We visited Dachau, about 45 minutes by train from Munich. Dachau was the first Nazi concentration camp. Founded in 1933, it was designed to gather together and isolate “enemies of the state”. It was a work camp, and conditions were horrific – hard work, meagre rations, severe punishments and torture. Designed to hold 3,000 inmates, by the end of the war there were ten times that number. About 32,000 people died at Dachau between 1933 and 1945. Some of what is there today is a reconstruction, but the site is a sobering reminder of what was & should never be again! There is a very informative museum housed inside original administrative buildings of the camp. The barracks had been demolished but foundation stones marked the extent of them, and one had been recreated as a display.
The most moving part of the site was the crematorium, which was original. The gas chamber, with its fake shower heads and the ovens are witness to the atrocities committed there. Dachau was not a death camp, so there were no mass executions, but death from disease, starvation, and the severe treatment was common. There is a memorial garden around the crematorium where the ashes of countless unknown people had been buried.
There are several memorials at Dachau but I found the Jewish one particularly moving. The Catholic and Protestant buildings are churches, but the Jewish one is purely a memorial. It was dedicated on May 7, 1967. The structure is made of black basalt lava and slopes downward like a ramp. At the end of the entrance ramp is a wrought iron gate which goes all the way across the entrance and is the only thing covering the opening to the small room, which is exposed to the elements. This gate is reminiscent of the gate to the camp, except the iron bars are jumbled and chaotic and the gate features a Star of David rather than the “Arbeit Macht Frei” slogan. The interior of the Jewish Memorial is six feet below ground, the depth of a grave. After descending into this tomb-like room, one can look up through an opening in the roof at the far end and see the Menorah on the top of the building, symbolising liberation and hope. The gold-colored shaft on the back wall is made from marble taken from Peki’in in Israel, where it is said that at least one Jew has lived since Biblical times. Inside burns an eternal light.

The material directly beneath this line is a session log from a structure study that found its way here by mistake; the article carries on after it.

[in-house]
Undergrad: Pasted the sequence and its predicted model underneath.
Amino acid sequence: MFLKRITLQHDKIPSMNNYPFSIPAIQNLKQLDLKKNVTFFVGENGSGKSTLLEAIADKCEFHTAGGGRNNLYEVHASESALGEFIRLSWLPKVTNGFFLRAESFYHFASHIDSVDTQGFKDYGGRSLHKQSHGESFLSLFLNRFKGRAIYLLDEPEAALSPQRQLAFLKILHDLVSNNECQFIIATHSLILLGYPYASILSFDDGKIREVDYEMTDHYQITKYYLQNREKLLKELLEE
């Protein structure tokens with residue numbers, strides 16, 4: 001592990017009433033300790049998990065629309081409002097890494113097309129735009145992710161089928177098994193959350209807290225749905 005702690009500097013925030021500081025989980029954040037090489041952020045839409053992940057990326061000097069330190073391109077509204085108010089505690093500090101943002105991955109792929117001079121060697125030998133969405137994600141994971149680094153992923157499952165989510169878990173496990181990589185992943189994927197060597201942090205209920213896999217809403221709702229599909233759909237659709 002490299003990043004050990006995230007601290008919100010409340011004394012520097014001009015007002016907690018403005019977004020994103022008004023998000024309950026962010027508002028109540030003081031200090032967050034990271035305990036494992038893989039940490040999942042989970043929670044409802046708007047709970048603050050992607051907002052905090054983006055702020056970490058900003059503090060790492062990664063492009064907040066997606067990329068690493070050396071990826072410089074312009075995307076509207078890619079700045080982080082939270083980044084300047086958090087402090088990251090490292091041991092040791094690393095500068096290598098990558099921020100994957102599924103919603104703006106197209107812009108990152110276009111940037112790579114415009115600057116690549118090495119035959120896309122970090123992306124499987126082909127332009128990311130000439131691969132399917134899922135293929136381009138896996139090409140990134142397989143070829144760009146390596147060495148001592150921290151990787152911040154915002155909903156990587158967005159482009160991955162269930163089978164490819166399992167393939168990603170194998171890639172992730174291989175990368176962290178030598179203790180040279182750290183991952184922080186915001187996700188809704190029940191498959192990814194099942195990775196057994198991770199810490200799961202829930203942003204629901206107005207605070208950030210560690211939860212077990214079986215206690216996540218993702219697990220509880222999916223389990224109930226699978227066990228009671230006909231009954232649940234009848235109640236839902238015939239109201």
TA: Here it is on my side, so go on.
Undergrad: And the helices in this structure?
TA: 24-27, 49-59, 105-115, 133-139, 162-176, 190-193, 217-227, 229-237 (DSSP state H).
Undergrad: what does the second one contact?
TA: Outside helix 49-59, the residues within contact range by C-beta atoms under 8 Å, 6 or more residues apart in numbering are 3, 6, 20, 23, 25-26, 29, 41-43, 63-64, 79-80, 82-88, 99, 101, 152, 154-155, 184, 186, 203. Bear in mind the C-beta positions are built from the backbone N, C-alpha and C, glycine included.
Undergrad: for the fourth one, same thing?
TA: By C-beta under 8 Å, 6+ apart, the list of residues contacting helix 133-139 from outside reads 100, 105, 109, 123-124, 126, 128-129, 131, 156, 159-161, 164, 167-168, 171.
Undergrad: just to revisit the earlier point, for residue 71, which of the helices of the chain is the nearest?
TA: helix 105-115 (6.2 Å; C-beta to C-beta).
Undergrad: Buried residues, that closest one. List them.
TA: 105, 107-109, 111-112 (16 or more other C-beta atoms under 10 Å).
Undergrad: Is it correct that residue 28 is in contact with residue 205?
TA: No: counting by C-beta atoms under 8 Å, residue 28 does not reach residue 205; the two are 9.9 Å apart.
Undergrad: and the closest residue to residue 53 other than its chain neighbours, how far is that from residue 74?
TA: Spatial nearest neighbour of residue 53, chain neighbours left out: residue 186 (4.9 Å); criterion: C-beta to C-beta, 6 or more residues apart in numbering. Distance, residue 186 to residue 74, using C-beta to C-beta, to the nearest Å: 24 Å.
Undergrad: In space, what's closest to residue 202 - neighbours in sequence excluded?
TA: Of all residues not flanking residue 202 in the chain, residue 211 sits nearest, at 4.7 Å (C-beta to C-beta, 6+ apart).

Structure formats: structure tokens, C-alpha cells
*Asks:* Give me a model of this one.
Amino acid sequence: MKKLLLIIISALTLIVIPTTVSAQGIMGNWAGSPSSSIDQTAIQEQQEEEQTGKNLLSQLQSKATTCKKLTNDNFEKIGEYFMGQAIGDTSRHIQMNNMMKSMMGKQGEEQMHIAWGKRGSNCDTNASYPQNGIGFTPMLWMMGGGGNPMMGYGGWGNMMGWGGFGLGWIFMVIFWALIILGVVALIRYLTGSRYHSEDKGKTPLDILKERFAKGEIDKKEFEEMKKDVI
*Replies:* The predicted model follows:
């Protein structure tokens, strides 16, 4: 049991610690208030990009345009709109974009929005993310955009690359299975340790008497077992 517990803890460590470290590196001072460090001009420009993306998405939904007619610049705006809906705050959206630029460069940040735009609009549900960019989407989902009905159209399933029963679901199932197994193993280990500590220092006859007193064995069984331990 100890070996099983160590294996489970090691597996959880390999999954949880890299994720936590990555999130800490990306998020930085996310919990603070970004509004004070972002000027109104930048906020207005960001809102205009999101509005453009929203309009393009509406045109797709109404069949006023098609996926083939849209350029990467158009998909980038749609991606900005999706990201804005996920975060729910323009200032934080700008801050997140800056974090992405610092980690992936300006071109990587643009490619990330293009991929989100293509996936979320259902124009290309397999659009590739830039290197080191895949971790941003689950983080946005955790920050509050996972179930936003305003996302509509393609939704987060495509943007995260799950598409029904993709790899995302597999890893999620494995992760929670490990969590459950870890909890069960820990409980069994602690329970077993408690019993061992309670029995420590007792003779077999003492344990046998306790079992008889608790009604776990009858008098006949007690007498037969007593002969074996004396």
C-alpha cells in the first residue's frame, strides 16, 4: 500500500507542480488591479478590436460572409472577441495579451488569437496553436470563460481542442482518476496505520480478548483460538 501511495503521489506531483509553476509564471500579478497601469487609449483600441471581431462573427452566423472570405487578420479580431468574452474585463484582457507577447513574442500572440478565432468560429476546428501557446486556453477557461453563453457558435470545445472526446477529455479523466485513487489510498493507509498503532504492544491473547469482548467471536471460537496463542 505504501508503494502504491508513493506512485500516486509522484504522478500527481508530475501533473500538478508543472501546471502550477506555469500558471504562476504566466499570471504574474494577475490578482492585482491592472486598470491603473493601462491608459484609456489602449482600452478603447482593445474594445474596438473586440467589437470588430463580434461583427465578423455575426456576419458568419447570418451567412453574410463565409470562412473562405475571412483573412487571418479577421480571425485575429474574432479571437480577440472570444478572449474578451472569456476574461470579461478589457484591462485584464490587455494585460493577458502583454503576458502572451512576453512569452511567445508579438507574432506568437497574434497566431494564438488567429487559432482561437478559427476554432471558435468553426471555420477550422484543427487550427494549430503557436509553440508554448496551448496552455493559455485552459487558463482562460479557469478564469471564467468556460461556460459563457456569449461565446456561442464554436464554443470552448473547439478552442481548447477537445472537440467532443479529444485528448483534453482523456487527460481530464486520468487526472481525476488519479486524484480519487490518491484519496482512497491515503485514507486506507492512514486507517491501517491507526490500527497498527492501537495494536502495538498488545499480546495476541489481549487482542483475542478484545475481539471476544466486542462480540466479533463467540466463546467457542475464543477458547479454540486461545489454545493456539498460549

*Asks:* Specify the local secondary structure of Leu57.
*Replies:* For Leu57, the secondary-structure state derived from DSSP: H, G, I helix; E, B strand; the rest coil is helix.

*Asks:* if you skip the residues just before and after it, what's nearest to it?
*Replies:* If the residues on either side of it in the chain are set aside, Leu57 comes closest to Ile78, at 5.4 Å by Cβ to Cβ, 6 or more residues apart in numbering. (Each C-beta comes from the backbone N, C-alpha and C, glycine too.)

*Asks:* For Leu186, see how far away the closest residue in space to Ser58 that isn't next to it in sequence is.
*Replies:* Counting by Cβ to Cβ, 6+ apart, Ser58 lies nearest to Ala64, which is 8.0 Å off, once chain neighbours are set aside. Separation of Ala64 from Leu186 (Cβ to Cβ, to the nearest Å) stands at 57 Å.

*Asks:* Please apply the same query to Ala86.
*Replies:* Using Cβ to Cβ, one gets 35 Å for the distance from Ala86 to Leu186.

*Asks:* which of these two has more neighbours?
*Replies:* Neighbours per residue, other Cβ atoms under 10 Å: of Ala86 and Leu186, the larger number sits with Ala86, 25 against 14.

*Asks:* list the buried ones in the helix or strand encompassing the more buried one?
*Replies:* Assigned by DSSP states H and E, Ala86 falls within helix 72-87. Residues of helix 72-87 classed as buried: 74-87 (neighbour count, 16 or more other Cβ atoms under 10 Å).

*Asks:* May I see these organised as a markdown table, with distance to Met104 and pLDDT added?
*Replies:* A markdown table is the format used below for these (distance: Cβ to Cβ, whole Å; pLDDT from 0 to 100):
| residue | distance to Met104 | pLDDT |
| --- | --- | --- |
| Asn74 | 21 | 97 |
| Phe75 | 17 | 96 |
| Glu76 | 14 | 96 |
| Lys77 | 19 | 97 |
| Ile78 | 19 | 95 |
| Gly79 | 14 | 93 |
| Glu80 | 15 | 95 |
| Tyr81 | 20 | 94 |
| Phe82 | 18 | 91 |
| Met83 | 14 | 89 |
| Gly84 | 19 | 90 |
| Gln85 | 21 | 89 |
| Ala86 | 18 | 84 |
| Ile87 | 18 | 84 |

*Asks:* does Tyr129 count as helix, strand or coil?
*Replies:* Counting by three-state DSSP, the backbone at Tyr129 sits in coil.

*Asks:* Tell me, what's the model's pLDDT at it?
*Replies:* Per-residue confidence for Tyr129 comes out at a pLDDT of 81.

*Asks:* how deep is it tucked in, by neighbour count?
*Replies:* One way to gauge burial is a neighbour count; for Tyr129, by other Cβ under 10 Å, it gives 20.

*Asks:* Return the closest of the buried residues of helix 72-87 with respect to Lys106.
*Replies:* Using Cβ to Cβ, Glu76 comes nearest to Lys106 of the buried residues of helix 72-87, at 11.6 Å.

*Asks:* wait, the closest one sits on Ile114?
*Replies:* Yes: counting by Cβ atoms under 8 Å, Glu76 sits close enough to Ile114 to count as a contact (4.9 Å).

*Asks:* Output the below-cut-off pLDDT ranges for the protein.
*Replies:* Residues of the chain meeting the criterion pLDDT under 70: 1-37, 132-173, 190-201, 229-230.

The Mortal Agony of Christ Chapel from 1960 was the first religious monument to be erected. Former prisoners including Johannes Neuhäusler, who was later to become the auxiliary bishop of Munich, were instrumental in getting the church built. In 1972, Polish priests who had survived in the camp hung a plaque on the back of the chapel recalling the suffering of Polish prisoners who suffered in the concentration camp. The position of the chapel and the open circular form was designed by the architect Josef Wiedemann to symbolize the liberation from captivity by Christ.
The sculpture below is not flat as it looks here, but it is around 4 feet deep. At first glance it looks like barbed wire, then you realise these are skeletal bodies writhing in agony. The posts resemble closely those that supported the barbed wire around the camp. It was erected in 1968 after an international competition.
Another memorial captures it well: “May the example of those who were exterminated here between 1933 – 1945 because they resisted Nazism help to unite the living for the defence of peace and freedom and respect for their fellow men.”
- To see all the posts about our 2016 Danube River cruise click HERE.
- Although this post was written in 2021, it happened in June 2016, 5 years ago. Since I didn’t document the trip at the time, now seemed as good a time as any to catch up.